2018 HSA contribution limit:

  • Single: $3,450
  • Family: $6,900
  • Catch-up contributions for those age 55 and older remains at $1,000

2018 HDHP minimum deductible (not applicable to preventive services):

  • Single: $1,350
  • Family: $2,700

2018 HDHP maximum out-of-pocket limit:

  • Single: $6,650
  • Family: $13,300*

*If the HDHP is a nongrandfathered plan, a per-person limit of $7,350 also will apply due to the ACA’s cost-sharing provision for essential health benefits.

 

Originally posted on thinkHR.com

Taking control of health care expenses is on the top of most people’s to-do list for 2018.  The average premium increase for 2018 is 18% for Affordable Care Act (ACA) plans.  So, how do you save money on health care when the costs seems to keep increasing faster than wage increases?  One way is through medical savings accounts.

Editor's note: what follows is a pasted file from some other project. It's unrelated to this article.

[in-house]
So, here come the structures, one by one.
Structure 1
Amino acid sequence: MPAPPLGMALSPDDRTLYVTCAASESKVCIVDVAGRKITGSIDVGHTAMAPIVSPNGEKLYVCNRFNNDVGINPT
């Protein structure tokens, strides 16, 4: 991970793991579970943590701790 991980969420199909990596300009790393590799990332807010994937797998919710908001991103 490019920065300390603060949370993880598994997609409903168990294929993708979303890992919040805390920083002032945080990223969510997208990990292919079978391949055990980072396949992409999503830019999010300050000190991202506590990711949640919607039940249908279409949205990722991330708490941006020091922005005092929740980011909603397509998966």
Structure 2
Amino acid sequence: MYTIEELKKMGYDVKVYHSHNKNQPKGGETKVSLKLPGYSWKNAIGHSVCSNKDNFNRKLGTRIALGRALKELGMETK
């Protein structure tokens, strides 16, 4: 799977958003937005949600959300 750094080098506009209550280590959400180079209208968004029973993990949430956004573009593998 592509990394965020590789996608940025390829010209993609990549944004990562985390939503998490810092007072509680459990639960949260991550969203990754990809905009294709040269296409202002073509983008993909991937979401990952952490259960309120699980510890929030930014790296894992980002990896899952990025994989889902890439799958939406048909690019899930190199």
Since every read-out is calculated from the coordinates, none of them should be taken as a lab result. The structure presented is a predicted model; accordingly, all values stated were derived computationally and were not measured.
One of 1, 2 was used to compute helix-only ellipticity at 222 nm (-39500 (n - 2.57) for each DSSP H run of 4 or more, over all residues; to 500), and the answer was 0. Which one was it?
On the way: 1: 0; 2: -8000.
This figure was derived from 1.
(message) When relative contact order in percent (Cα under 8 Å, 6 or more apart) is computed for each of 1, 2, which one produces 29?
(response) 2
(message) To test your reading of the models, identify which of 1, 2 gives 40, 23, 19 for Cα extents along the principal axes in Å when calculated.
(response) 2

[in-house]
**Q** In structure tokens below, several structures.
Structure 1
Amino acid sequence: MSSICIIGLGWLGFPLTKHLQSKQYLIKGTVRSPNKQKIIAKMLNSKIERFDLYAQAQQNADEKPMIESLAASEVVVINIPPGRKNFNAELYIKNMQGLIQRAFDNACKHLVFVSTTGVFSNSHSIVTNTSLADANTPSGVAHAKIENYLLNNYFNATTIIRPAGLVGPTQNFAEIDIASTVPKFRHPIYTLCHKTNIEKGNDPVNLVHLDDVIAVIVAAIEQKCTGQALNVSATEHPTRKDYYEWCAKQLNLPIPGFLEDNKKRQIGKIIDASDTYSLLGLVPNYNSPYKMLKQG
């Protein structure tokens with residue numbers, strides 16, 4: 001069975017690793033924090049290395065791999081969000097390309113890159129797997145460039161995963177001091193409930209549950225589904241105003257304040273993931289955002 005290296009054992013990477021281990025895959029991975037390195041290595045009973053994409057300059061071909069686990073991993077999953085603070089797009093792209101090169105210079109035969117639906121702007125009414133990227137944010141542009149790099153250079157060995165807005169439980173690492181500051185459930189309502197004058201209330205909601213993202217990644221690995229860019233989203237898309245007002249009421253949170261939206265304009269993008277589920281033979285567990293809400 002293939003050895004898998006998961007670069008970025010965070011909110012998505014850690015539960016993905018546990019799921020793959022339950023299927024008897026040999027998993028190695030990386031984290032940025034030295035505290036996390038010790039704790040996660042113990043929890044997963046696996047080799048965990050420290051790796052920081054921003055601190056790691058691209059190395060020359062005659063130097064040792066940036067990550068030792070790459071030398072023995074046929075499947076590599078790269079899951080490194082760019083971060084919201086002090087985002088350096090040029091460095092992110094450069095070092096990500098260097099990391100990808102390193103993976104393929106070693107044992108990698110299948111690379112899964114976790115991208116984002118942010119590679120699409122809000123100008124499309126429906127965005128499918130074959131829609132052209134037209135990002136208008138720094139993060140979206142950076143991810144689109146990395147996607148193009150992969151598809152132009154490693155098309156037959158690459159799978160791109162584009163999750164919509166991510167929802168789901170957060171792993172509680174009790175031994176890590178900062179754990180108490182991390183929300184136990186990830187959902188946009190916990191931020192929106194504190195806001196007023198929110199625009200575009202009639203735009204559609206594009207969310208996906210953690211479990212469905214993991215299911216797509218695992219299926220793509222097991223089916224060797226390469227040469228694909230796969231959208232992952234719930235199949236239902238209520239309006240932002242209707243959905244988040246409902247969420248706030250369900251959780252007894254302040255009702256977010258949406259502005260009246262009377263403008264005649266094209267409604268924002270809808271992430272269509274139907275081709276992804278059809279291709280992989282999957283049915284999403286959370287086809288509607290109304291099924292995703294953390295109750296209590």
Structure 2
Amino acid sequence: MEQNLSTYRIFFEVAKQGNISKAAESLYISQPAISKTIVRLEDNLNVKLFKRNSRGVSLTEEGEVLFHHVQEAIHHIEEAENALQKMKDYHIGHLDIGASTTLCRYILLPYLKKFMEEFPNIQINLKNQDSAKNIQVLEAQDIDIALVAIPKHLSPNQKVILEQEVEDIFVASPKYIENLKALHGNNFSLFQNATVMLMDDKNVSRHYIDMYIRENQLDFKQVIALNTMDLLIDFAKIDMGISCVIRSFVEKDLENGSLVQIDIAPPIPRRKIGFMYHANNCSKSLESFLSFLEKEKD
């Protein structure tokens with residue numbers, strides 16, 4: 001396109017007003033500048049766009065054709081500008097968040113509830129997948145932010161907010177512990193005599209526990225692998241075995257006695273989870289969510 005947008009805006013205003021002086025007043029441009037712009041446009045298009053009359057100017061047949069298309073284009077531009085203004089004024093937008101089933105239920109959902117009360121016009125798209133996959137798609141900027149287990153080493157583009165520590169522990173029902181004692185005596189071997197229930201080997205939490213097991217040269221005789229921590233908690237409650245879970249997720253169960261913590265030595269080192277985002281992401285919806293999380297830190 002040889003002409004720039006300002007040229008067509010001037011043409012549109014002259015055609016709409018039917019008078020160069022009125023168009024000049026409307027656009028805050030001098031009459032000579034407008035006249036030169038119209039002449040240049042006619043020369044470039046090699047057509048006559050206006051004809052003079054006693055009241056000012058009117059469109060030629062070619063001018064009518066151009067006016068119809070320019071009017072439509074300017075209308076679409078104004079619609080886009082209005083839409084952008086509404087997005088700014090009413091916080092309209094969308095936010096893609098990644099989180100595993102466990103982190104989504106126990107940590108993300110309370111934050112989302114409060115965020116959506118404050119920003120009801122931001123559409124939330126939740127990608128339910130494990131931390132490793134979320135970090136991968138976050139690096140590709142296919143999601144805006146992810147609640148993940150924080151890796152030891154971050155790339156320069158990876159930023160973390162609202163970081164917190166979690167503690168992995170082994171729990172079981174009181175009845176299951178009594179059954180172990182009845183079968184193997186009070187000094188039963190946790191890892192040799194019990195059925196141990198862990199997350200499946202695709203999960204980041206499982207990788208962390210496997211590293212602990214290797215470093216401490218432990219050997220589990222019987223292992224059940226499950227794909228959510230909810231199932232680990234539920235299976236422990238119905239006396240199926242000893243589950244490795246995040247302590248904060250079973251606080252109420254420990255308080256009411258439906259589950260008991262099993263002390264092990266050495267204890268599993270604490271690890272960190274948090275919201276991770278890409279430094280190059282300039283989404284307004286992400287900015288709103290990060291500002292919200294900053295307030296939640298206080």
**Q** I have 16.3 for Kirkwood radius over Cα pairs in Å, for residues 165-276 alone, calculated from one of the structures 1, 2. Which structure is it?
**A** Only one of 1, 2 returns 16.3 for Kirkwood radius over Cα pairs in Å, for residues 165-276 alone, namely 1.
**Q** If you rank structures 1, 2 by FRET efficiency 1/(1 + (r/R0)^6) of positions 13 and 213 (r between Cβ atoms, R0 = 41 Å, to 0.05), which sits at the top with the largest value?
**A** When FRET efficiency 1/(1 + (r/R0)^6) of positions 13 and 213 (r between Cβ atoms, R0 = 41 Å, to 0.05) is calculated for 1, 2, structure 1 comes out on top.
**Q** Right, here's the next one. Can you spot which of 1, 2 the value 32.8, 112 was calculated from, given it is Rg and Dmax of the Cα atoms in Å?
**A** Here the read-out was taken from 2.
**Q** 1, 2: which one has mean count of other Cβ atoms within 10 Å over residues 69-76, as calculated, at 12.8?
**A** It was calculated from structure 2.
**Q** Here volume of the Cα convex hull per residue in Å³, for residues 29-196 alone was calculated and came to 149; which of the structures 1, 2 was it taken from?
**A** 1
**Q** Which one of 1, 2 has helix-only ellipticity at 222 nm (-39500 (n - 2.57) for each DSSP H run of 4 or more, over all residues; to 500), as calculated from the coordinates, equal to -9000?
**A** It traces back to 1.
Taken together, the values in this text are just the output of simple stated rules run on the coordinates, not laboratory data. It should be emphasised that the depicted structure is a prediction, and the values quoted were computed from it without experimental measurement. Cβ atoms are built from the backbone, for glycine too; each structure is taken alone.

Medical savings accounts are used in conjunction with High Deductible Health Plans (HDHP) and allow savers to use their pre-tax dollars to pay for qualified health care expenses.  There are three major types of medical savings accounts as defined by the IRS.  The Health Savings Account (HSA) is funded through an employer and is usually part of a salary reduction agreement.  The employer establishes this account and contributes toward it through payroll deductions.  The employee uses the balance to pay for qualified health care costs.  Money in HSA is not forfeited at the end of the year if the employee does not use it. The Health Flexible Savings Account (FSA) can be funded by the employer, employee, or any other contributor.  These pre-tax dollars are not part of a salary reduction plan and can be used for approved health care expenses.  Money in this account can be rolled over by one of two ways: 1) balance used in first 2.5 months of new year or 2) up to $500 rolled over to new year.  The third type of savings account is the Health Reimbursement Arrangement (HRA).  This account may only be contributed to by the employer and is not included in the employee’s income.  The employee then uses these contributions to pay for qualified medical expenses and the unused funds can be rolled over year to year.